Why I Hate “Done is Better Than Perfect” × Navigating the Procrastination Valley × Minimum Viable Completion

Balancing perfection and efficiency: mastering 'Minimum Viable Completion' while avoiding procrastination valleys. Achieving productivity with intentional task management.

Why I Hate "Done is Better Than Perfect" × Navigating the Procrastination Valley × Minimum Viable Completion

Lately, I've been reflecting on my approach to work and thought I'd share some insights. Striving for perfection in everything can be counterproductive, and I've come to see the value in balancing quality with efficiency. Here are some #littlethingsworthsharing from my journey:

There are times when things need to be perfect upon completion. However, that is the case for a minority of tasks. Most of the time, tasks need to be completed to a certain standard rather than being perfect. I should expect only a few tasks each day to require perfect completion—that is the pace I should stick to.

For example, I tend to be very detail-oriented with my work. When making slide presentations, I focus heavily on design and alignment, aiming for perfection. This level of detail is necessary when pitching to high-value clients. However, many slides don't need that much attention. A "Minimum Viable Completion" (MVC) should convey the necessary information without needing to be perfect from the start. Improvements can be made later if needed.

For the rest of the tasks where I feel friction, it is best to either just do it or just rest—the in-between is the realm of procrastination, a horrible place to be. Don't approach this valley, don't dwell, and don't be in that realm. Be intentional with the task at hand.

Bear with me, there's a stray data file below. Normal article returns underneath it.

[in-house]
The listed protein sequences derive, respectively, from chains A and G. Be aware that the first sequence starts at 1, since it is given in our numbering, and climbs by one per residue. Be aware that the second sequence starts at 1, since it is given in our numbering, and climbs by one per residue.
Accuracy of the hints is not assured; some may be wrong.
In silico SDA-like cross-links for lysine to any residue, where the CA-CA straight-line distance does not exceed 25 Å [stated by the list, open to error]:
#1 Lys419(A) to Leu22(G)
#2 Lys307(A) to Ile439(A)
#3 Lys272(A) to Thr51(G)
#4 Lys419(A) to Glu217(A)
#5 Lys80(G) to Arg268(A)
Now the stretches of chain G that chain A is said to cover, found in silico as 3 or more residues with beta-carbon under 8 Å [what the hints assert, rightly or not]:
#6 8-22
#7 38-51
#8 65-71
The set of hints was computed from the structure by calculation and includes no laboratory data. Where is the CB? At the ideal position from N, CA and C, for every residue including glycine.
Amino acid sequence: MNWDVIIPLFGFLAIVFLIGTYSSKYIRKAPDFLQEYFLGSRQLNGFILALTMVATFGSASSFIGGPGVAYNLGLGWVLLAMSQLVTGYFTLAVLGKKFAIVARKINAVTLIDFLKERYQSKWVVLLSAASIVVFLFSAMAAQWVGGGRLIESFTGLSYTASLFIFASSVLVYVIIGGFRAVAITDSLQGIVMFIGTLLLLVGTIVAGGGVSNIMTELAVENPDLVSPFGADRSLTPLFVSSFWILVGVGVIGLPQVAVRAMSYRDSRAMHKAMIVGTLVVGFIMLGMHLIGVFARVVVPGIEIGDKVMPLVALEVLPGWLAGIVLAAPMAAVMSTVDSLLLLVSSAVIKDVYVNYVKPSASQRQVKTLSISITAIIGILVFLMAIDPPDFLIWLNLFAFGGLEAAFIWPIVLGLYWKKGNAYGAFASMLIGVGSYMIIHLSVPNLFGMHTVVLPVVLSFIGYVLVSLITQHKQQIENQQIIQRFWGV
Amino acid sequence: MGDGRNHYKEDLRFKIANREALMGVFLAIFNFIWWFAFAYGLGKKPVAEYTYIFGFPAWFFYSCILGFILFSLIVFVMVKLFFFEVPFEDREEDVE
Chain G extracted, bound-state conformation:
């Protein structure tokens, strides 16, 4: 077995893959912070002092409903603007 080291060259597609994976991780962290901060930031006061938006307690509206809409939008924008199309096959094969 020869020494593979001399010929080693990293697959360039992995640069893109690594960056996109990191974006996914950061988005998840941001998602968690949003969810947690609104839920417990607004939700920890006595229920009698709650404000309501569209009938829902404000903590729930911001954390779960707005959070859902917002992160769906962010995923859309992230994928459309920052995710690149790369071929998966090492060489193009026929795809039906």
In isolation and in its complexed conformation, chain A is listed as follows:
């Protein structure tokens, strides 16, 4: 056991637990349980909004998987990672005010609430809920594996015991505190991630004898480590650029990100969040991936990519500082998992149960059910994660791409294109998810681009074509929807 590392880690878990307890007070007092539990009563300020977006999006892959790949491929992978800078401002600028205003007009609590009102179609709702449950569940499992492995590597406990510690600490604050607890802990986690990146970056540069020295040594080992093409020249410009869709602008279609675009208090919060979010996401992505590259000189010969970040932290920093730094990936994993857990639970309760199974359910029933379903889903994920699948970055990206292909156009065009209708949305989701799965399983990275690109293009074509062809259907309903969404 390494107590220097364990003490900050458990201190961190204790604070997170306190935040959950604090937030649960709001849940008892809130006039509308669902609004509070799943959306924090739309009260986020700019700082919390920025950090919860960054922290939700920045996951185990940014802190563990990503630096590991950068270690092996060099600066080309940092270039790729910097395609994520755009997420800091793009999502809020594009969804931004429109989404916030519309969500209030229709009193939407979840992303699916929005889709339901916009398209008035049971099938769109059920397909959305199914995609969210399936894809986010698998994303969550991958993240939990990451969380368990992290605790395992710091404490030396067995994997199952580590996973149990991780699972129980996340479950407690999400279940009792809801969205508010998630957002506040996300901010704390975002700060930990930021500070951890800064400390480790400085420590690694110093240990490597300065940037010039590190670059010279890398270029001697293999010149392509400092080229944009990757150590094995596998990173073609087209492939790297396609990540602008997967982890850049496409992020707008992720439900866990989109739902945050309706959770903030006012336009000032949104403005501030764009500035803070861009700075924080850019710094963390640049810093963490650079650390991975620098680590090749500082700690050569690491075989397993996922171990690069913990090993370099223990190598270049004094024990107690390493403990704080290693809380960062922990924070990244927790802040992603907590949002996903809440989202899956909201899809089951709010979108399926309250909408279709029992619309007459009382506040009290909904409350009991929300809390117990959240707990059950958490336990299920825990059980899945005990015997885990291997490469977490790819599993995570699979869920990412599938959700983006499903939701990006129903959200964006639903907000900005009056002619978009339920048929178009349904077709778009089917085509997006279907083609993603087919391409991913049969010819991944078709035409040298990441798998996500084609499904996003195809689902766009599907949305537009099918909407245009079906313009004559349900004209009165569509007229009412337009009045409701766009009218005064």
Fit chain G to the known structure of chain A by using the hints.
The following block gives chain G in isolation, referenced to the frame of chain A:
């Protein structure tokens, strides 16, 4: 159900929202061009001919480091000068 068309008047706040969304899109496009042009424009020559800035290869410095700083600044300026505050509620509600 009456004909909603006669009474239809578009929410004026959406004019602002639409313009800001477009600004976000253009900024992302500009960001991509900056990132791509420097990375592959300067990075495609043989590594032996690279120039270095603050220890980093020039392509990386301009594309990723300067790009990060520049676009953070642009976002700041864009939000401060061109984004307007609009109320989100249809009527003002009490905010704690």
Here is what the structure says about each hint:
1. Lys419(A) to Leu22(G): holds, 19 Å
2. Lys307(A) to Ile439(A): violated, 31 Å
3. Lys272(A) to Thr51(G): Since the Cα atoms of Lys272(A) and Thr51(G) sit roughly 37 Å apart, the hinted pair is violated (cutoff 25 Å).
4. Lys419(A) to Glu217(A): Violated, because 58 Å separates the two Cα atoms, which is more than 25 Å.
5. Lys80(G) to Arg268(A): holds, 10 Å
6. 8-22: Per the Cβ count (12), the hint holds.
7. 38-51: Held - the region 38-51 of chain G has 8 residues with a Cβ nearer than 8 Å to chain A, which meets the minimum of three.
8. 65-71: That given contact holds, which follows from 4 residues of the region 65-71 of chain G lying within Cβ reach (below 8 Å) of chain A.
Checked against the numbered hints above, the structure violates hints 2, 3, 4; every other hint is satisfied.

There are two angles I need for growth:

  1. The ability to balance and figure out when to go for perfection and when to go for MVC. Get the job done well as required but do not do the "good to have" stuff. I dislike the phrase "done is better than perfect" as it seems irresponsible to just scratch things up and not care about it (although that is not the intent of the phrase). This probably stems from working with people who do a shoddy job and call it done, and it is not good enough to function or fulfill its goal. Doing things the MVC way gives clarity that you will be completing tasks in a way that is both finished and viable.
  2. When friction reaches a certain amount, I need to decide when to push and when to pause and recharge. Gauging the output from the time input helps me make this decision. If I push for 20 minutes and the output is horrible, I should take a rest. If I don't decide quickly, I am most likely cliffhanging in Procrastination Valley.

Achieving a balance between getting tasks done well and avoiding unnecessary perfectionism gives me a great feeling. It is my current personal goal. It provides a sense of achievement and productivity, which I am a big fan of.